Business Insider: It’s absurd that we’re even entertaining Facebook’s Libra currency idea

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The US government shouldn’t even be entertaining the idea that Facebook be allowed to create its own currency and financial-services arm — Libra and Calibra, respectively. The company has done nothing but demonstrate that it cannot be trusted with global financial transactions.

In June, Facebook announced that it — along with companies like Spotify and Visa — would create a convertible virtual currency (CVC) called Libra to be used on its platform. Facebook would also create a financial-services arm called Calibra, which would initially offer a digital wallet for Libra and then expand to other banking services like savings and loans. These entities are to be headquartered in Switzerland through a nonprofit called the Libra Association.

This matter has been a subject in congressional hearings for a couple of weeks now. But that should all just be a formality — an opportunity for Facebook to make its case to the public, after which a bipartisan group of legislators, the US Treasury secretary, the chairman of the Federal Reserve, and every other regulator who has examined this issue can come together and give Facebook the answer it deserves: No.

Because of Facebook’s size and reach, this currency would instantly become “systemic,” as they say in the world of banking. That means the platform will immediately have to grapple with all the darkest corners of the financial system, like terrorist financing and money laundering. These are difficult to control for even developed sovereign nations.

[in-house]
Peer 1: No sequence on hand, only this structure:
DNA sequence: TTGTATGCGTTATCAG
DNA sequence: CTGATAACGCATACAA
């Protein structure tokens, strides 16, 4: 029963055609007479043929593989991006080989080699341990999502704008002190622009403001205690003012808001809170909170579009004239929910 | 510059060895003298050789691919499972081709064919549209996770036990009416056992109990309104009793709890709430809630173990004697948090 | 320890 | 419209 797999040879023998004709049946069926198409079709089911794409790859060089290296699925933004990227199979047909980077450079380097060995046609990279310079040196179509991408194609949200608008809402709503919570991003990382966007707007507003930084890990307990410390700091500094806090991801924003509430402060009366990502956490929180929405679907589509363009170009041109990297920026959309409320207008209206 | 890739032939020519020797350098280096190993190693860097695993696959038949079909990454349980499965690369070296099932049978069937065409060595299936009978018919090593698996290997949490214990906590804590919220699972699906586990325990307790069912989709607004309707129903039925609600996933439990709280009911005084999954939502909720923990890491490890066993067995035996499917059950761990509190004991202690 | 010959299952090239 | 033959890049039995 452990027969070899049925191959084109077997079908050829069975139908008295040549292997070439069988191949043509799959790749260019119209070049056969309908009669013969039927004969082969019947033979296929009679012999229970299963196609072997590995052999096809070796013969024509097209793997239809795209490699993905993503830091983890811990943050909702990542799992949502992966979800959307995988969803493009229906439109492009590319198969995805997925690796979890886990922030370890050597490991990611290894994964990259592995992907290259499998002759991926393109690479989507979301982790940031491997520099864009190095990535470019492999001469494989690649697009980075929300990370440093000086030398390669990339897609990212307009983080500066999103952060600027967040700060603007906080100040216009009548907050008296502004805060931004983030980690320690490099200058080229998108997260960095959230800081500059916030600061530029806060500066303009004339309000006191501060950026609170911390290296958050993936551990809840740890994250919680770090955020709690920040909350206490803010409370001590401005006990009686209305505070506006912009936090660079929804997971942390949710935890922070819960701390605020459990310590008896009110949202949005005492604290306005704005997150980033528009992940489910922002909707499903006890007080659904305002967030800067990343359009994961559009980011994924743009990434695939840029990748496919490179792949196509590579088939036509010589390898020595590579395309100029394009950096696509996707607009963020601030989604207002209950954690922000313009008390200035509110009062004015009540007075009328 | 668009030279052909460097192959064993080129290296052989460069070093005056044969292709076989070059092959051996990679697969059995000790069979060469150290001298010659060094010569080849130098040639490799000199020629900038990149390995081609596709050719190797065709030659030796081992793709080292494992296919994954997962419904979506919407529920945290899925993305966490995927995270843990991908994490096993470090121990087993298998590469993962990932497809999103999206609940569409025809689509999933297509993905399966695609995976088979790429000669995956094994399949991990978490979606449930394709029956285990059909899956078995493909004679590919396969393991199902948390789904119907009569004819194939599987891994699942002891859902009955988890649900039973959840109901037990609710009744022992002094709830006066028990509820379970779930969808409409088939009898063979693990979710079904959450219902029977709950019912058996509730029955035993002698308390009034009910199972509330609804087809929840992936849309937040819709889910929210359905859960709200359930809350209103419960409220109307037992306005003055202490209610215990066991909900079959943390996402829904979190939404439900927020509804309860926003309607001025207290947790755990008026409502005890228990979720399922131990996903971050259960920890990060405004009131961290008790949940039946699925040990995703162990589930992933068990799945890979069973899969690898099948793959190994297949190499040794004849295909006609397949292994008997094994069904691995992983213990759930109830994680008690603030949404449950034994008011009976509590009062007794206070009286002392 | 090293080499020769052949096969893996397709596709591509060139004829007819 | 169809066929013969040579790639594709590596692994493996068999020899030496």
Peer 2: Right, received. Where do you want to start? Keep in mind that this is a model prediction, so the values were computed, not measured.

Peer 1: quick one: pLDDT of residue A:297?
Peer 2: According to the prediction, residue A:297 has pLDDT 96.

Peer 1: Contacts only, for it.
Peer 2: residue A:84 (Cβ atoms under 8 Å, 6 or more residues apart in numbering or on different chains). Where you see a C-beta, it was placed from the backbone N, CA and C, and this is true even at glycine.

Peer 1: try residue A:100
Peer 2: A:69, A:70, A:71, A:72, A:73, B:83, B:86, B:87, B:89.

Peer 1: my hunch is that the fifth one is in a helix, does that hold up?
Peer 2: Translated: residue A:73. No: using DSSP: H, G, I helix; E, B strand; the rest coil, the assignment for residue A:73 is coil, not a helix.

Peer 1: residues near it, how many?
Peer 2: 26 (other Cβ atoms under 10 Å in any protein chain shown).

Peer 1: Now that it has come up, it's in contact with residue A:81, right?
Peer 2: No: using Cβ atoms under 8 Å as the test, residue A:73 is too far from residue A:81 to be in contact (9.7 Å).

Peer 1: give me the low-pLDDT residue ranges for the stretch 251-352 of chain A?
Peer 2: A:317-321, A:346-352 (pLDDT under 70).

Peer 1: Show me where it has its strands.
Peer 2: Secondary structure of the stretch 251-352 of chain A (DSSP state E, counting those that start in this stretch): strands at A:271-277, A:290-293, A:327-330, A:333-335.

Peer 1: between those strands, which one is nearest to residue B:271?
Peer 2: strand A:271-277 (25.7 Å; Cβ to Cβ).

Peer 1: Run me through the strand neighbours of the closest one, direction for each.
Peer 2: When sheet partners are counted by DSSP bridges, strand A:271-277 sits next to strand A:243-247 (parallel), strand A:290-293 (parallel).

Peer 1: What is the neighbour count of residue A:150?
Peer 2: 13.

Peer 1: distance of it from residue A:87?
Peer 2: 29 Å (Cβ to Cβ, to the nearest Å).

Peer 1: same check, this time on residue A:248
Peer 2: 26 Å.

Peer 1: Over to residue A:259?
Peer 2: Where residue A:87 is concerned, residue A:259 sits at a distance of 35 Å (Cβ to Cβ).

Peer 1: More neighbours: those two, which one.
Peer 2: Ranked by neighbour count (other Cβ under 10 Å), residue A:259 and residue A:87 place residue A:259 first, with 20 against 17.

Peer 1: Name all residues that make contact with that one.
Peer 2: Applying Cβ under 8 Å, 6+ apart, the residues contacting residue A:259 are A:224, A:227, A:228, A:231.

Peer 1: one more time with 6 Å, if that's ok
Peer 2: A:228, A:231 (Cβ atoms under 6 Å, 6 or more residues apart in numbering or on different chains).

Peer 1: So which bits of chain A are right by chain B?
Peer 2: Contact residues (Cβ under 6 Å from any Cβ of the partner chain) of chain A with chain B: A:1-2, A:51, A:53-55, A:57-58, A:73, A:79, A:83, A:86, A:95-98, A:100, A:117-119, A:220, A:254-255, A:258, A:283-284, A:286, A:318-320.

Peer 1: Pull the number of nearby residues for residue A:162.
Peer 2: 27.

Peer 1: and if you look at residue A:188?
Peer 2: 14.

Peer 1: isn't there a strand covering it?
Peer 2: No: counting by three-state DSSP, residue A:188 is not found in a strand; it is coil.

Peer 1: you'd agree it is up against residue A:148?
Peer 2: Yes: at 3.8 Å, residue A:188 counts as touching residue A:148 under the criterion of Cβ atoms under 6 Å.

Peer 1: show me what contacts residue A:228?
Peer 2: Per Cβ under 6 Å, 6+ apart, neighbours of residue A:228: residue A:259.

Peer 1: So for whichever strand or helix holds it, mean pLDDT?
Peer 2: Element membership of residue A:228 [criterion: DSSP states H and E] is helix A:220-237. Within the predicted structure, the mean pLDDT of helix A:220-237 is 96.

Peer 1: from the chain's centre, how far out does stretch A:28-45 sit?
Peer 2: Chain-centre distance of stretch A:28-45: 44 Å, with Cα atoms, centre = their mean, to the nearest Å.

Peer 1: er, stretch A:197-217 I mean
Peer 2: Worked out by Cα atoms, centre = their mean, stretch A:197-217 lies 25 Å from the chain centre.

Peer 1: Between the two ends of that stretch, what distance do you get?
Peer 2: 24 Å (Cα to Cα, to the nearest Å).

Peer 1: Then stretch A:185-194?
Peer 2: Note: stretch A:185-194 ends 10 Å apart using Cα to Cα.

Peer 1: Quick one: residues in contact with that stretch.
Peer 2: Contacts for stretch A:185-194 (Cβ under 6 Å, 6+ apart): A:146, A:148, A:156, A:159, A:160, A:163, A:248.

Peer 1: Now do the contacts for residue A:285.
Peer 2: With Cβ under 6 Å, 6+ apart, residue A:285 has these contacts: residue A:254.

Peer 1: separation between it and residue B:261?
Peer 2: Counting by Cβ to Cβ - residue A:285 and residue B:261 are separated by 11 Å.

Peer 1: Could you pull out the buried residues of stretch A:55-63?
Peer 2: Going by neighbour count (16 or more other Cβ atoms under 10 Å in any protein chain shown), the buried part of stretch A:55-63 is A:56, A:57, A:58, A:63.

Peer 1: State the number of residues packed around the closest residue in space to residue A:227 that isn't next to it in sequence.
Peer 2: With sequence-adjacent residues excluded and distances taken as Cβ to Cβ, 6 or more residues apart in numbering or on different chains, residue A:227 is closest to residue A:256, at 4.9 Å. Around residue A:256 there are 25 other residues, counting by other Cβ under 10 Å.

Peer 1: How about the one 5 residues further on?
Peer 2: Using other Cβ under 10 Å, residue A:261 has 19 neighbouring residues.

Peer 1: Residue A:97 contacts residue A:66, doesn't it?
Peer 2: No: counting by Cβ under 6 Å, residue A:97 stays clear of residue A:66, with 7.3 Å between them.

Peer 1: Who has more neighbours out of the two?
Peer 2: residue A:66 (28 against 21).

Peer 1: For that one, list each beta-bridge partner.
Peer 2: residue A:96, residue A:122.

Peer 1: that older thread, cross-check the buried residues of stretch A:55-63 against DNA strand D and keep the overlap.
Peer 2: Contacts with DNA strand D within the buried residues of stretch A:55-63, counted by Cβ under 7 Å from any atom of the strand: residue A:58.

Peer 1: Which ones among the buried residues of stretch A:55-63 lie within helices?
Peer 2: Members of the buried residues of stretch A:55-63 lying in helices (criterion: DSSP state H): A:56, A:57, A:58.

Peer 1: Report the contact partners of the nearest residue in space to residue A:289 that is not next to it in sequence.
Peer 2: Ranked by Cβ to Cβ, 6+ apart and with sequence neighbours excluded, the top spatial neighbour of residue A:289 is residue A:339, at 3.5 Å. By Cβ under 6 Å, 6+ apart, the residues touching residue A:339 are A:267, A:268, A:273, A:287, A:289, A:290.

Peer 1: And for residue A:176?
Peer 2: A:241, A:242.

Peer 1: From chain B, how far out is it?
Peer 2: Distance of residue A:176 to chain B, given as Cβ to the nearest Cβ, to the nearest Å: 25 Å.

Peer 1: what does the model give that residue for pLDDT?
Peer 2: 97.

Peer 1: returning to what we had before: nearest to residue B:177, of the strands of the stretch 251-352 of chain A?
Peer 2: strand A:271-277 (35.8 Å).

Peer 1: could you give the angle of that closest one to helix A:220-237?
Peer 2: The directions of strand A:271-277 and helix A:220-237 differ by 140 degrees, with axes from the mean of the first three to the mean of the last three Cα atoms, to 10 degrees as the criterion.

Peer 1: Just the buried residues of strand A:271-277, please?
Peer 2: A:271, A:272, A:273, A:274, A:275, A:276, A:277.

For smaller countries where the currency is weak and limited, there are even more obvious challenges because of Facebook’s size. Citizens might turn so much of their currency into Libra that it forces their currency down, for example.

“Monetary policy might end up being set for areas all over the world by a board of largely Western companies located in California with a pot of hard currency-denominated assets in a potentially unregulated Swiss reserve, rather than by democratically accountable sovereign governments,” Matt Stoller, a researcher at the anti-monopoly think tank the Open Markets Institute, wrote.

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